Comcast’s FreeWheel creates programmatic OTT marketplace for local TV advertisers

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In the latest example of companies building the infrastructure to bridge traditional TV advertising into the digital realm, Comcast’s ad tech arm FreeWheel has created a digital video marketplace for advertisers, especially local TV buyers, to extend their linear TV campaigns to run across connected TVs, websites and mobile apps.

The 1,200-plus media buying companies, including agencies and brands, that use FreeWheel’s Strata platform to plan their TV buys are now able to check a box to add digital video inventory to a campaign through a deal with demand-side platform, according to Judd Rubin, svp of revenue and marketing at FreeWheel’s buy-side division FreeWheel Advertisers. The addition of digital video inventory is meant to help ease local TV advertisers, such as regional auto dealerships and home services business, into online by using their linear TV buys as a baseline for the digital buy.

Local TV advertisers have “been trying to figure out what is the best way to step into [digital] without completely wiping away from their traditional. But it’s been trying to figure out a way to bridge the gap,” said Shar’Day Porter, media director at Brand Story Experts, an agency that buys local TV for clients. She said figuring out how to bridge the gap between local TV and digital has been “one of the main goals for 2019, no matter the size of the client.”

For local TV buyers, shifting spend into digital is taking on greater urgency heading into next year’s presidential election. With linear TV viewership declining, local TV advertisers already face supply pressures. In the 2018 mid-term election cycle, political campaigns spent $4.3 billion on local TV advertising, up from $3.7 billion for the 2016 presidential election cycle, according to Kantar Media. Overall, advertisers had been projected to spend $20.8 billion on local TV advertising in 2018, according to local media consultancy BIA Advisory Services. As a result of the upcoming election, competition for local TV inventory is expected to significantly increase over the next 18 months, and local TV advertisers are pressed to find alternative inventory sources. “Trying to figure out other ways to get back in front of those people has been one of the biggest hurdles,” Porter said.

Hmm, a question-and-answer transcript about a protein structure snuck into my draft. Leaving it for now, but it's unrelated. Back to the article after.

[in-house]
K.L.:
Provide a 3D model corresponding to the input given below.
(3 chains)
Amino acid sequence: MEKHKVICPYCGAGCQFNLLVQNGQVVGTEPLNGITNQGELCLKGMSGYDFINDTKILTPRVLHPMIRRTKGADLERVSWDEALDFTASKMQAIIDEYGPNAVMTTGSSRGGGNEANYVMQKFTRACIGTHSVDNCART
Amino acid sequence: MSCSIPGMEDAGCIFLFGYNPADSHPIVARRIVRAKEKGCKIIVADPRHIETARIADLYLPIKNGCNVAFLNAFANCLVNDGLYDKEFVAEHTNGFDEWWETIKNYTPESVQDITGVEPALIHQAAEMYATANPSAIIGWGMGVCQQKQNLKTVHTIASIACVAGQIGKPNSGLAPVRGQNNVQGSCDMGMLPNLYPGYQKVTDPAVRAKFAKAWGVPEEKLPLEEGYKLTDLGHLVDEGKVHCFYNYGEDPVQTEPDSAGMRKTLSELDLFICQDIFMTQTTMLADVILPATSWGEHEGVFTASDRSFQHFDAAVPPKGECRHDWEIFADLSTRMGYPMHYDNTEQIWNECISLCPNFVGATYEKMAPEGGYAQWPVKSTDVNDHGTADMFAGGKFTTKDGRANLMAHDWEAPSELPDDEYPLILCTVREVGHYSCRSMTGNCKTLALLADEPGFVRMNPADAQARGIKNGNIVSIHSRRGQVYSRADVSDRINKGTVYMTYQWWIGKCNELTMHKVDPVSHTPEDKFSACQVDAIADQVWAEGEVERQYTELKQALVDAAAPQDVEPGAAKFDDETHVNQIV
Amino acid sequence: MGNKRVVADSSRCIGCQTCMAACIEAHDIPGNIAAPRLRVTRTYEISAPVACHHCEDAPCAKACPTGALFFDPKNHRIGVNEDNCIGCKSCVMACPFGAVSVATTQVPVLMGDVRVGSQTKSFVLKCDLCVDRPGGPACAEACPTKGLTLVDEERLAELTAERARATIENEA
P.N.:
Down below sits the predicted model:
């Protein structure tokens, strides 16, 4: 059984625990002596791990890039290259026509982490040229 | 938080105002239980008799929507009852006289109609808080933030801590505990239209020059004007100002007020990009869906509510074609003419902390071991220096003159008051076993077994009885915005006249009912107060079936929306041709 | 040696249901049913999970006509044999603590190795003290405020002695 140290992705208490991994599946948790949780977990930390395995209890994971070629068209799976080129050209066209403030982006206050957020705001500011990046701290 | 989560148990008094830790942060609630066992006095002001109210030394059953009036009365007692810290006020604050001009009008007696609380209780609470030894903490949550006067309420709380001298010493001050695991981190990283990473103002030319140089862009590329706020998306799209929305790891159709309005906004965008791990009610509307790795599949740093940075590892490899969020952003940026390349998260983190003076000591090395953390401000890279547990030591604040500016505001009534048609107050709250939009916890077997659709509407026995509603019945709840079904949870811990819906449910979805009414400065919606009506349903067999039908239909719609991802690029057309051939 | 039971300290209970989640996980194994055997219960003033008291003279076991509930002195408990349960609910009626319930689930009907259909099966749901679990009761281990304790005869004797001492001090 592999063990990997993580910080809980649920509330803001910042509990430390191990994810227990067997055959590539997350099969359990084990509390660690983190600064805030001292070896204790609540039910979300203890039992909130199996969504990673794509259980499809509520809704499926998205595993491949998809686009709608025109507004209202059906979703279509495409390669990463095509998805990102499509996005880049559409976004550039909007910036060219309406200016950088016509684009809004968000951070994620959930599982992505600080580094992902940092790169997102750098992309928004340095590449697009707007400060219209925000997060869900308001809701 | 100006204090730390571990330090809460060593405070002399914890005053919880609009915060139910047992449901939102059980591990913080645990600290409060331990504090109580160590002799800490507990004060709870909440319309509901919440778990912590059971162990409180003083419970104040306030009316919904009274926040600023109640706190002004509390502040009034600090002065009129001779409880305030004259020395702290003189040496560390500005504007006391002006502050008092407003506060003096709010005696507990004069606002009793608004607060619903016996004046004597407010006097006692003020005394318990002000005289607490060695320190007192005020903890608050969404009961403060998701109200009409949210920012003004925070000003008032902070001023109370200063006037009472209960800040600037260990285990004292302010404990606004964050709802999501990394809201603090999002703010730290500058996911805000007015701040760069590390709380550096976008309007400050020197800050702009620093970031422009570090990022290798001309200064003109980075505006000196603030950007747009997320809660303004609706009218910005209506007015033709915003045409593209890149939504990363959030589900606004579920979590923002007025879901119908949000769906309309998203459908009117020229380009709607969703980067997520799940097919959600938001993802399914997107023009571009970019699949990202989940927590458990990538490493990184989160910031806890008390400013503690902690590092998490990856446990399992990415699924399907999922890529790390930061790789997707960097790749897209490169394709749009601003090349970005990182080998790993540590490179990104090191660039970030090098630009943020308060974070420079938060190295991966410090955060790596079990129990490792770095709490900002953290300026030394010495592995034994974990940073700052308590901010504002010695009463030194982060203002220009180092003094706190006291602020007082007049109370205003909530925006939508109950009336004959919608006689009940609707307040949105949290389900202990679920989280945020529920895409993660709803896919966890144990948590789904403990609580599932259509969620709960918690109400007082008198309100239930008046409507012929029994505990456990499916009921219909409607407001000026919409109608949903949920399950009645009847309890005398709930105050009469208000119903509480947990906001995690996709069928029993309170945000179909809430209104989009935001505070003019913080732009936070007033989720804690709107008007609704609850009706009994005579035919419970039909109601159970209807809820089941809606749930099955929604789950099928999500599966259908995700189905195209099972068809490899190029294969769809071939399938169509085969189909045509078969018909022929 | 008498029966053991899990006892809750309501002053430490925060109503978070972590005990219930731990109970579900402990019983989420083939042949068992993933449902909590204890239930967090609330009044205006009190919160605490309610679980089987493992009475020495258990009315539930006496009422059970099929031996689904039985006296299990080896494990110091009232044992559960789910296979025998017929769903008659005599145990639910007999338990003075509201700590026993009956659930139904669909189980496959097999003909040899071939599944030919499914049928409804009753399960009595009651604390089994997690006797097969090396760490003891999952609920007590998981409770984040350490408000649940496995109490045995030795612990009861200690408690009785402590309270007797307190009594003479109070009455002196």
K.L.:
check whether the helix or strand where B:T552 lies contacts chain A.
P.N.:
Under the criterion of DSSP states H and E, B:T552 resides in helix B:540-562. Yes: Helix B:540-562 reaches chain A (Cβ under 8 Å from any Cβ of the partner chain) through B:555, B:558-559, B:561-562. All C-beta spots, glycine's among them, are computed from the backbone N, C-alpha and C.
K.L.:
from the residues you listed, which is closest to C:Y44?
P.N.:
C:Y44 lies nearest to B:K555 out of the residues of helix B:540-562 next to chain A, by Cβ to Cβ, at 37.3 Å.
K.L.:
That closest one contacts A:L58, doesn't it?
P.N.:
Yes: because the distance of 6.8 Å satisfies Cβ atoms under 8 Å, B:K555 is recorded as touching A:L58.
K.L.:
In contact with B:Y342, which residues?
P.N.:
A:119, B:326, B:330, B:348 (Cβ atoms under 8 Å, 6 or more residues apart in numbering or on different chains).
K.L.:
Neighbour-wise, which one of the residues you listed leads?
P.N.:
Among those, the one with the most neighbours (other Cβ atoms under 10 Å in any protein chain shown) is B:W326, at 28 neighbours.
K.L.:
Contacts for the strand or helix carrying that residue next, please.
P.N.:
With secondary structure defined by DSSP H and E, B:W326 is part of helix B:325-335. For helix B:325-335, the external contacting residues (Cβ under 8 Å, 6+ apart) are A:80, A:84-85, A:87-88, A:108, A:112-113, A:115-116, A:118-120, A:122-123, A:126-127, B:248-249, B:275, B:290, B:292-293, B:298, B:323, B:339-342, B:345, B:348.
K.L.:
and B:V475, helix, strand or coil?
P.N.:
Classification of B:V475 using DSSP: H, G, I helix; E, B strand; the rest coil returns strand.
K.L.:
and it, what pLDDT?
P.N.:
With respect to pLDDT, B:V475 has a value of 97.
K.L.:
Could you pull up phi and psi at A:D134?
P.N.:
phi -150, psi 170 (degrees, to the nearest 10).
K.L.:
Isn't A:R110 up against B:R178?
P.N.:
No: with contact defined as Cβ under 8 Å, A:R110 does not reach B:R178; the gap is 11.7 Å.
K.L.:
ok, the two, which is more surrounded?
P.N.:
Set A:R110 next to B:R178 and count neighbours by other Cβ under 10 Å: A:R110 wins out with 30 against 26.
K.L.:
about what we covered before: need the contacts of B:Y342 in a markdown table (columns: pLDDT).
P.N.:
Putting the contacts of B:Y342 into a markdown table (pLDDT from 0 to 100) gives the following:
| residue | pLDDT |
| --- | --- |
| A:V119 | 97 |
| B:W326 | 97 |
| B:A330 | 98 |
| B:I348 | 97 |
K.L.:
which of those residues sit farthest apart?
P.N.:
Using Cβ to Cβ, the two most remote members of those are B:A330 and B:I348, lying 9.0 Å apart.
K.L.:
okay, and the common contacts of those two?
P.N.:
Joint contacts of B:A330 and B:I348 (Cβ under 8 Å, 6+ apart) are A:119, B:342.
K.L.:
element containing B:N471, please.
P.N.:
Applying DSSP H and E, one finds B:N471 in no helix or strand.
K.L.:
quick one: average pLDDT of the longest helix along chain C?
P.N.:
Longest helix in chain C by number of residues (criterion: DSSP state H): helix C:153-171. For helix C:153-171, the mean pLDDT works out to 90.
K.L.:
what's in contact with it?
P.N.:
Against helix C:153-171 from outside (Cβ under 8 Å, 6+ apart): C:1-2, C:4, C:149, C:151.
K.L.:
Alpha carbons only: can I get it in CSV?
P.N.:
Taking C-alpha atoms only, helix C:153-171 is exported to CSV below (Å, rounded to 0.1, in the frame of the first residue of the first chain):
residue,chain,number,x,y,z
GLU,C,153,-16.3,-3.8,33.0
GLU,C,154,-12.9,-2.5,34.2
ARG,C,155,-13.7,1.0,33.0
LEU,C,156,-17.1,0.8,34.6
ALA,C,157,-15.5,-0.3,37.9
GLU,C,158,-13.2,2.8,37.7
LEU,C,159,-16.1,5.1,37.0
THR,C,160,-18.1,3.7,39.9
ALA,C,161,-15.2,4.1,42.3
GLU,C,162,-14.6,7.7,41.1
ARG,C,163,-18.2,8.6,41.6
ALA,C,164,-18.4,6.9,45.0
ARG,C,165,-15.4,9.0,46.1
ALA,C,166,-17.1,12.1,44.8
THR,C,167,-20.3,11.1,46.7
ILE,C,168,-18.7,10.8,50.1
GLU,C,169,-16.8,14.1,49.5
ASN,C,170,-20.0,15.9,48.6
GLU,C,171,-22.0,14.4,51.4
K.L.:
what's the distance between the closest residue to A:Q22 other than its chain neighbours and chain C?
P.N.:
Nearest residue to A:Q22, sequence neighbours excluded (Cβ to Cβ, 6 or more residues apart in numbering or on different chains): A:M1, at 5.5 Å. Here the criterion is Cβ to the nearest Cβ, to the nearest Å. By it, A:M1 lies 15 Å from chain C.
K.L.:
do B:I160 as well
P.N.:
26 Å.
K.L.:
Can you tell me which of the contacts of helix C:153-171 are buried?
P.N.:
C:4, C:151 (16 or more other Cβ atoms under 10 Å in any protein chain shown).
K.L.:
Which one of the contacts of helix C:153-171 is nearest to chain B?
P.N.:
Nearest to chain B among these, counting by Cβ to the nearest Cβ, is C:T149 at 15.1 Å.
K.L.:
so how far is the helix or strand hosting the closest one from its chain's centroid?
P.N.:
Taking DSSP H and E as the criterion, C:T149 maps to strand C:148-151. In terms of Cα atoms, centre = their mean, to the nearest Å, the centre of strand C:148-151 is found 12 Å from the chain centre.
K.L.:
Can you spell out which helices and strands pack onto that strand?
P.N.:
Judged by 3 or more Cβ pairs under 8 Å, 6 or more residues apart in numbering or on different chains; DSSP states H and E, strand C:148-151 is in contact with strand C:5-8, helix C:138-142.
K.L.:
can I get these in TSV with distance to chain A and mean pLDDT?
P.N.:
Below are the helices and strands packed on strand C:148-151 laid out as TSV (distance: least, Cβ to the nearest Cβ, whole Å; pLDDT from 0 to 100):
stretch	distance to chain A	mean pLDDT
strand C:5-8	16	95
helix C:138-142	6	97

FreeWheel and are not the only companies trying to help local TV advertisers move their money online. Last year Sinclair Broadcast Group, which owns 191 local TV stations, struck a deal with data platform Tru Optik and DSP ZypMedia to create a programmatic marketplace for Sinclair-owned stations’ and other publishers’ digital inventory.

When ad buyers use Strata, they will be able to add digital video inventory to a local TV buy or buy the digital video inventory separately, Rubin said. In either case, they will be presented with three categories of digital inventory. The tier one category will be limited to connected TV inventory, with effective CPMs ranging from $35 to more than $50, according to a demo of the platform. The tier two category will include that connected TV inventory as well as mobile in-app pre-roll and mid-roll video inventory, with effective CPMs ranging from $30 to $35. And the tier three category will include that mobile inventory as well as web inventory but not connected TV inventory, with the effective CPMs ranging from $15 to $25.

Ad buyers can select as many of the tiers as they would like to include in a buy. They will also be able to provide whitelists or blacklists of specific publishers that they do or do not want to carry their ads. will provide ad buyers with lists of publishers that may carry their ads as well as reports cataloging where their ads did run, said CEO Frost Prioleau.

In addition to selecting their inventory sources, ad buyers will be able to target audiences based on standard parameters like age, gender and location as well as more advanced options, such as using their first-party customer data to reach audiences with similar characteristics or using search data to retarget people based on their search behavior.

After an ad buyer sets up their campaign parameters within Strata, they will click a button to send the campaign details to to place the digital side of the buy programmatically through seven different ad exchanges, including FreeWheel’s own FreeWheel Marketplace, that it is using as inventory sources for its deal with FreeWheel, said Prioleau.

FreeWheel’s deal with stipulates that there is no minimum spend requirement for advertisers, an arrangement that is “pretty unique,” according to Porter. That stipulation is why is currently the only DSP able to plug into Strata to extend advertisers’ local TV campaigns into digital, though Rubin said FreeWheel is open to working with other DSPs if they are willing to agree to the same arrangement.

The absence of a minimum spend requirement can play a big role in moving advertisers’ local TV budgets online. These advertisers may not have big enough budgets to adequately compete against larger advertisers that are willing to pay more to lock up local TV inventory. But, while digital offers an alternative opportunity to reach people, there can often be minimum spend requirements that limit these advertisers’ abilities to take advantage of digital. “When it comes to local or regional clients, sometimes minimums can tend to scare a person away if it’s going into digital and they want to see if it works or not before they fully commit,” she said.

This article has been updated to reflect that Strata is used by more than 1,200 media buying companies as opposed to individual buyers.

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